WATCH RECORDING: Head & Neck Cancers Community Forum

Head & Neck Cancer Awareness ribbon

Head & Neck Cancer Event for social mediaOn April 15, the DCI Office of Health Equity (OHE) hosted a community forum "Conversations with Our Community: What you need to know about prevention, diagnosis, and treatment of oral, head, and neck cancers."

First, Duke Cancer Institute surgical oncologist Michael Stang, MD, addressed thyroid cancer prevention, screening, and treatment. Stang is an associate professor in the Department of Surgery, section of Endocrine Surgery, division of Surgical Oncology, in the Duke University School of Medicine. He is Chief Quality Officer at Duke Raleigh Hospital.
Next, DCI head & neck surgeon Trinitia Cannon, MD, addressed oral/head/neck cancers associated with HPV. Trinitia Cannon, MD, is an associate professor in the Department of Head & Neck Surgery and Communication Sciences in the Duke University School of Medicine and the director of Head & Neck Surgical Oncology at Duke Raleigh Hospital.
Angelo Moore, PhD, RN, who leads the OHE, introduced and moderated this conversation with the community. Both Stang and Cannon both took questions at the close of the program.

Thyroid Cancer

Thyroid Cancer often presents as a lump or nodule in the thyroid. Thyroid nodules and/or cancer may or may not cause symptoms. For many patients, a finding of a cancerous thyroid nodule is found incidentally — when patients are being examined for something else.

Thyroid hormone levels are often completely normal.
"One of the common questions I get from patients is, 'Why do I have this problem if my thyroid hormone levels are normal?' " said Stang. "But the fact is that the thyroid can work just fine despite having a nodule or many nodules even with cancer present."
Very rarely is there difficulty with breathing, swallowing or voice hoarseness unless a more advanced cancer is present, which is more concerning, Stang went on to explain.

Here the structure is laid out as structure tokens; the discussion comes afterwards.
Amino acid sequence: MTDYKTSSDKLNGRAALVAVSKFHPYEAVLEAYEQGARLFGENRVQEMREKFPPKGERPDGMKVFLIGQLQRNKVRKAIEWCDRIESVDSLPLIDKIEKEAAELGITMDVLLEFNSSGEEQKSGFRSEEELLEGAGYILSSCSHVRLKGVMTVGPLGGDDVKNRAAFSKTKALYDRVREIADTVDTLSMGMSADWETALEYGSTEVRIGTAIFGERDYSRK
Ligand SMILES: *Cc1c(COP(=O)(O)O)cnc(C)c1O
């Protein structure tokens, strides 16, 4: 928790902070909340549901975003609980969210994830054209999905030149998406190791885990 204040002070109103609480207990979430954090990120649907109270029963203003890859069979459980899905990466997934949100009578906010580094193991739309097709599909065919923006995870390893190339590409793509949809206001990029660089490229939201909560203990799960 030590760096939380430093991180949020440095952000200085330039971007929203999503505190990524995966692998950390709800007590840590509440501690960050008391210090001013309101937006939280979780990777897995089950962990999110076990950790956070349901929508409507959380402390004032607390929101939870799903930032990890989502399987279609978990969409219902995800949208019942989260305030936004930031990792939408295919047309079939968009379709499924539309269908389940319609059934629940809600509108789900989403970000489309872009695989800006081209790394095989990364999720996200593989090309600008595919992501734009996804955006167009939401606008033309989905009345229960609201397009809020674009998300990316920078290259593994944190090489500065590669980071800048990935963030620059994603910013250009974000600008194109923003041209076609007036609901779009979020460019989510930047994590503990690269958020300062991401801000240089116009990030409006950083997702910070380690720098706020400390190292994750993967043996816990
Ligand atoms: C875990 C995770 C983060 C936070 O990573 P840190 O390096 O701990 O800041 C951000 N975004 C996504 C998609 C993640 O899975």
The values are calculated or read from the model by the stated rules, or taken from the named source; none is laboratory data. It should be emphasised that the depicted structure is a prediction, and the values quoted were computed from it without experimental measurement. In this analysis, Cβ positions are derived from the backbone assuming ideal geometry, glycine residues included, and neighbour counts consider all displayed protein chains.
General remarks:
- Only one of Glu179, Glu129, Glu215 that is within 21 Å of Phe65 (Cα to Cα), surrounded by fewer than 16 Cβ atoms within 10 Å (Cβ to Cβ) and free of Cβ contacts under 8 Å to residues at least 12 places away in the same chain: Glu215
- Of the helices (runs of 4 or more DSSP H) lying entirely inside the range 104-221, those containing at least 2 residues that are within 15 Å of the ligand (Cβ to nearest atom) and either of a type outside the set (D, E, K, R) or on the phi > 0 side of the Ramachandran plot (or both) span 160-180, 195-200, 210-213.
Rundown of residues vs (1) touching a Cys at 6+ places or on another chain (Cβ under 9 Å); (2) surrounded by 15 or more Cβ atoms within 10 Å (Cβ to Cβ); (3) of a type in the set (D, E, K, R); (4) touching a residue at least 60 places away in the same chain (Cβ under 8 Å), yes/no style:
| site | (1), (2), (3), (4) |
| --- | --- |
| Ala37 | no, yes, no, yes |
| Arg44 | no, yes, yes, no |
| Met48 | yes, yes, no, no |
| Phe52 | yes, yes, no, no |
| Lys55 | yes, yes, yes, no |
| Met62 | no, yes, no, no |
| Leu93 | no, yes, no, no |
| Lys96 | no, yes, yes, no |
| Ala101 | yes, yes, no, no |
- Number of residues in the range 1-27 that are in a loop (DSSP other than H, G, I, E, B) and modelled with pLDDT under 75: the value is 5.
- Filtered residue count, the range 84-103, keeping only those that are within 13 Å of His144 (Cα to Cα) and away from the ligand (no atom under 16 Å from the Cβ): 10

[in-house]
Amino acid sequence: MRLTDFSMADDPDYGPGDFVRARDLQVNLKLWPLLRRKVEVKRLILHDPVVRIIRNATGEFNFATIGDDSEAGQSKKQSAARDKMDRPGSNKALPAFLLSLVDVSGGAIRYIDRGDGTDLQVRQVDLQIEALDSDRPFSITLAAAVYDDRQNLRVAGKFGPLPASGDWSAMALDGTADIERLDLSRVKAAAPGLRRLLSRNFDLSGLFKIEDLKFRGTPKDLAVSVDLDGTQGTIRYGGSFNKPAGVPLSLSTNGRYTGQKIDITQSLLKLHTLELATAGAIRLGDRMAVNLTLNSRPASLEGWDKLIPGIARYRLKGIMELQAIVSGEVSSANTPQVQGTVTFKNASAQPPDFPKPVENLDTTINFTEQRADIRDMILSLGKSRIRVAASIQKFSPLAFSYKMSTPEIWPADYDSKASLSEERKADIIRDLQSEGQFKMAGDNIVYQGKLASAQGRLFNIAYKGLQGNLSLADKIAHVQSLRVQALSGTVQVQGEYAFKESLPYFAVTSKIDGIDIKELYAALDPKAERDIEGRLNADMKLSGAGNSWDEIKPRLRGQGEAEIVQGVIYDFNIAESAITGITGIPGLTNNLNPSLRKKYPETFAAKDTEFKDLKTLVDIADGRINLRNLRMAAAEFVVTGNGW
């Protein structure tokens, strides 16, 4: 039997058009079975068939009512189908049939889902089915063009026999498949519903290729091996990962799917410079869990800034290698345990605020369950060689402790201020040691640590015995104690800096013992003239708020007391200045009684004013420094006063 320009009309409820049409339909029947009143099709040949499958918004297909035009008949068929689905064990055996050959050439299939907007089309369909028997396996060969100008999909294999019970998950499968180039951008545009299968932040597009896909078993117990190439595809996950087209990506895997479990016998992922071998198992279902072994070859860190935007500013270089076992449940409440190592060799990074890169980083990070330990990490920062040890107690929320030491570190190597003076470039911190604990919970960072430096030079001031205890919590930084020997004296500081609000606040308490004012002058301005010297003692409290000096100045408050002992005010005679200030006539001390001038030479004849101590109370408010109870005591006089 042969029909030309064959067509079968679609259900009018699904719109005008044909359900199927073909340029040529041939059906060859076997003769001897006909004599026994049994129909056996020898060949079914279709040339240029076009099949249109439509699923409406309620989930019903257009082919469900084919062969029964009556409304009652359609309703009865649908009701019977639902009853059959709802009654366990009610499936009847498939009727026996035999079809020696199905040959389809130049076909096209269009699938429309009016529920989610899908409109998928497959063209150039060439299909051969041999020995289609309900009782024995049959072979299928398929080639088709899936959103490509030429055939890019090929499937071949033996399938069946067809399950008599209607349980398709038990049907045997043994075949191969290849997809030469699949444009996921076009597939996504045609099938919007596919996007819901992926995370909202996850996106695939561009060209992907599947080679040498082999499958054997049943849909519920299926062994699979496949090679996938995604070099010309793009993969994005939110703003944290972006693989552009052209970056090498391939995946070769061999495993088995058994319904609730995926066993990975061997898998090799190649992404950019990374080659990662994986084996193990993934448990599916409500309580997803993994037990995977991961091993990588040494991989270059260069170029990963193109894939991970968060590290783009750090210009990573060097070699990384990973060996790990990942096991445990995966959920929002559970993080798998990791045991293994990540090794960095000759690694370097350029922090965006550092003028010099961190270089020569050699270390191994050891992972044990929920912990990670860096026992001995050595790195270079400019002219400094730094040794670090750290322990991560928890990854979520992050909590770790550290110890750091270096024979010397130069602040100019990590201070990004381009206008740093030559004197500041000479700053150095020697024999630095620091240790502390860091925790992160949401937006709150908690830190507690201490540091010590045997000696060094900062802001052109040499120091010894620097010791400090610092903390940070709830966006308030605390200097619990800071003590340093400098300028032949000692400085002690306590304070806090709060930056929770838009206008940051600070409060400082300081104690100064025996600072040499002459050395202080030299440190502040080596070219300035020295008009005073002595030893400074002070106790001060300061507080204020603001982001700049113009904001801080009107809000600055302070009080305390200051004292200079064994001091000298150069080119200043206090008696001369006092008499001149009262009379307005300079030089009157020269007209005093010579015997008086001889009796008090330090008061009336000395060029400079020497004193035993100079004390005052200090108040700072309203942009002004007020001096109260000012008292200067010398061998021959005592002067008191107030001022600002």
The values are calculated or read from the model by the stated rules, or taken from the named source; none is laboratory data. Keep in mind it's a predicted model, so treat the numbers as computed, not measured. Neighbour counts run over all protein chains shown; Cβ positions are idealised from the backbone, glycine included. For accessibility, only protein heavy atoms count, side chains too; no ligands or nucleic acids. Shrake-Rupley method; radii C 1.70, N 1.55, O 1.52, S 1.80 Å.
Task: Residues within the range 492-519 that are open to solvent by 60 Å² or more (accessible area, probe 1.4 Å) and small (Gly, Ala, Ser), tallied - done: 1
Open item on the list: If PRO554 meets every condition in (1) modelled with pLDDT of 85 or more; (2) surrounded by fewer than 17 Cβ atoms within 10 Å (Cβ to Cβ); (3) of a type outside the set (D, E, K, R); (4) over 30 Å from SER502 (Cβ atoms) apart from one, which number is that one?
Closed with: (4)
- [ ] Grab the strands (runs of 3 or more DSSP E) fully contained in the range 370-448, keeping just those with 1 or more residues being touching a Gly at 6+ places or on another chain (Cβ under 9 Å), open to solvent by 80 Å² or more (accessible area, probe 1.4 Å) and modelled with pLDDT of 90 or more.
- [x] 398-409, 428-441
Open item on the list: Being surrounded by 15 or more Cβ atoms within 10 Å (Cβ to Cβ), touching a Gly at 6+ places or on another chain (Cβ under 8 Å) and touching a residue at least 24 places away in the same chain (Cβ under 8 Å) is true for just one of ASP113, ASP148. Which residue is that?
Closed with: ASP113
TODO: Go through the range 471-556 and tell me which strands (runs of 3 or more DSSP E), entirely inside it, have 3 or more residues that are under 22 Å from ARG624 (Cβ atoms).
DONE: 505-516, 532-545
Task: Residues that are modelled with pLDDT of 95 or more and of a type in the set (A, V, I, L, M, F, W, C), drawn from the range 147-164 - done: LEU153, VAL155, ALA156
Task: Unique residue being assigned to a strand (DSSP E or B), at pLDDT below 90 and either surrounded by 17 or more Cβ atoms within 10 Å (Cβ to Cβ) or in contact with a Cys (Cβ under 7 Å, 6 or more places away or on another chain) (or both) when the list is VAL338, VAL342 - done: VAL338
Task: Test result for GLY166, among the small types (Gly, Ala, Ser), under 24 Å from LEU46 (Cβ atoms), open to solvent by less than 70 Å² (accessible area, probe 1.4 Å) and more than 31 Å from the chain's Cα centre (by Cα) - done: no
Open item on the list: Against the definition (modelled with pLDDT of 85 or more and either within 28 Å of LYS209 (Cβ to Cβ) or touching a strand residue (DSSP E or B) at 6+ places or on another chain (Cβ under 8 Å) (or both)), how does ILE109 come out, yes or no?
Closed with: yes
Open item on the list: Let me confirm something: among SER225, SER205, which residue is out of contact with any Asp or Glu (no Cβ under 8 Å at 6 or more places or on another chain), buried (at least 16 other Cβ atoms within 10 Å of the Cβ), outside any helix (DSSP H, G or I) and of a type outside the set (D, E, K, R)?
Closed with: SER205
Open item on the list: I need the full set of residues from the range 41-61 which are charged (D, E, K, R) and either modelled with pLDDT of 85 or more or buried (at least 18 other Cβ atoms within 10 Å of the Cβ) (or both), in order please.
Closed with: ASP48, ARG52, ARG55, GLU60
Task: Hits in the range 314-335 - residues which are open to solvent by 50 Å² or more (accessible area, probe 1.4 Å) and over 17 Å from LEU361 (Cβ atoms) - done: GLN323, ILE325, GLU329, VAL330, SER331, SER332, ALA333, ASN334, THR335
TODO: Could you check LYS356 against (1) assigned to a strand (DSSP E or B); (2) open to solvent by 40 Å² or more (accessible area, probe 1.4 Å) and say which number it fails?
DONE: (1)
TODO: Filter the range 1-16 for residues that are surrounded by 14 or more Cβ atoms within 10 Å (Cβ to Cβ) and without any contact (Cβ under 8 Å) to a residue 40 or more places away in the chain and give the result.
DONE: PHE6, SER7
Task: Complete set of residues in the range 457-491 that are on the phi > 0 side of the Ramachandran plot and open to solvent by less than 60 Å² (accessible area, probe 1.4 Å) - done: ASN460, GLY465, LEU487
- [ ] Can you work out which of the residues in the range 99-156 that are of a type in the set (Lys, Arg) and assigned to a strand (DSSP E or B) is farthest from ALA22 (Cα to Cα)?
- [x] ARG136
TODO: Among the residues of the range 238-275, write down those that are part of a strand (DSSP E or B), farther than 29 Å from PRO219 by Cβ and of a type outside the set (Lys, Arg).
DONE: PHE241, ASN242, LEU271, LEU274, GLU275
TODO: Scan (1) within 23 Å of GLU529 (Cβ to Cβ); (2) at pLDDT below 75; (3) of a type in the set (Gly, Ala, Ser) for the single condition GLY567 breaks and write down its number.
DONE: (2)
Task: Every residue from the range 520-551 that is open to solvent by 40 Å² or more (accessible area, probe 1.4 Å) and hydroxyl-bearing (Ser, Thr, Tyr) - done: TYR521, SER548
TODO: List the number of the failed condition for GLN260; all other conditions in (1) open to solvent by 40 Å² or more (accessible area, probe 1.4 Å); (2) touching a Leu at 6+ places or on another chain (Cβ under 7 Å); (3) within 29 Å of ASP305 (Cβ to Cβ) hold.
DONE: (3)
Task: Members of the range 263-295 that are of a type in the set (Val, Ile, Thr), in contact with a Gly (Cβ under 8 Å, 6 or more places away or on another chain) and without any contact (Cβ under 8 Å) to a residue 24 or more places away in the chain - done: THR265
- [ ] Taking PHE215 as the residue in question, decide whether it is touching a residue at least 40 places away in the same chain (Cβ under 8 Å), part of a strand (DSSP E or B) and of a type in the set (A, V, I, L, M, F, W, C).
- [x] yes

There are no known preventative measures in thyroid cancer. There have been numerous studies at Duke (and elsewhere) into flame retardants and other chemicals used in furniture and in pajamas and their possible connection with thyroid cancer.
The best "prevention," Stang said, is proactive screening and understanding which populations are most at-risk .
The incidence rate of thyroid cancer appears to be higher, he said, in the Asian or the Caucasian/White populations than in Hispanic and Black communities.

"We've shown in some of our studies at Duke into racial disparities that African Americans, when presenting with thyroid cancer, will often present at a later stage, or with slightly larger tumors, which would suggest that maybe the overall incidence isn't different but that it's being picked up later," said Stang. "Beyond being female and being in your 30s to 60s, there's also a difference in geographic distribution ... (for example) The northeastern United States has been known for some time as a hotspot for thyroid cancer... This raises the question of (possible) environmental factors that we don't understand."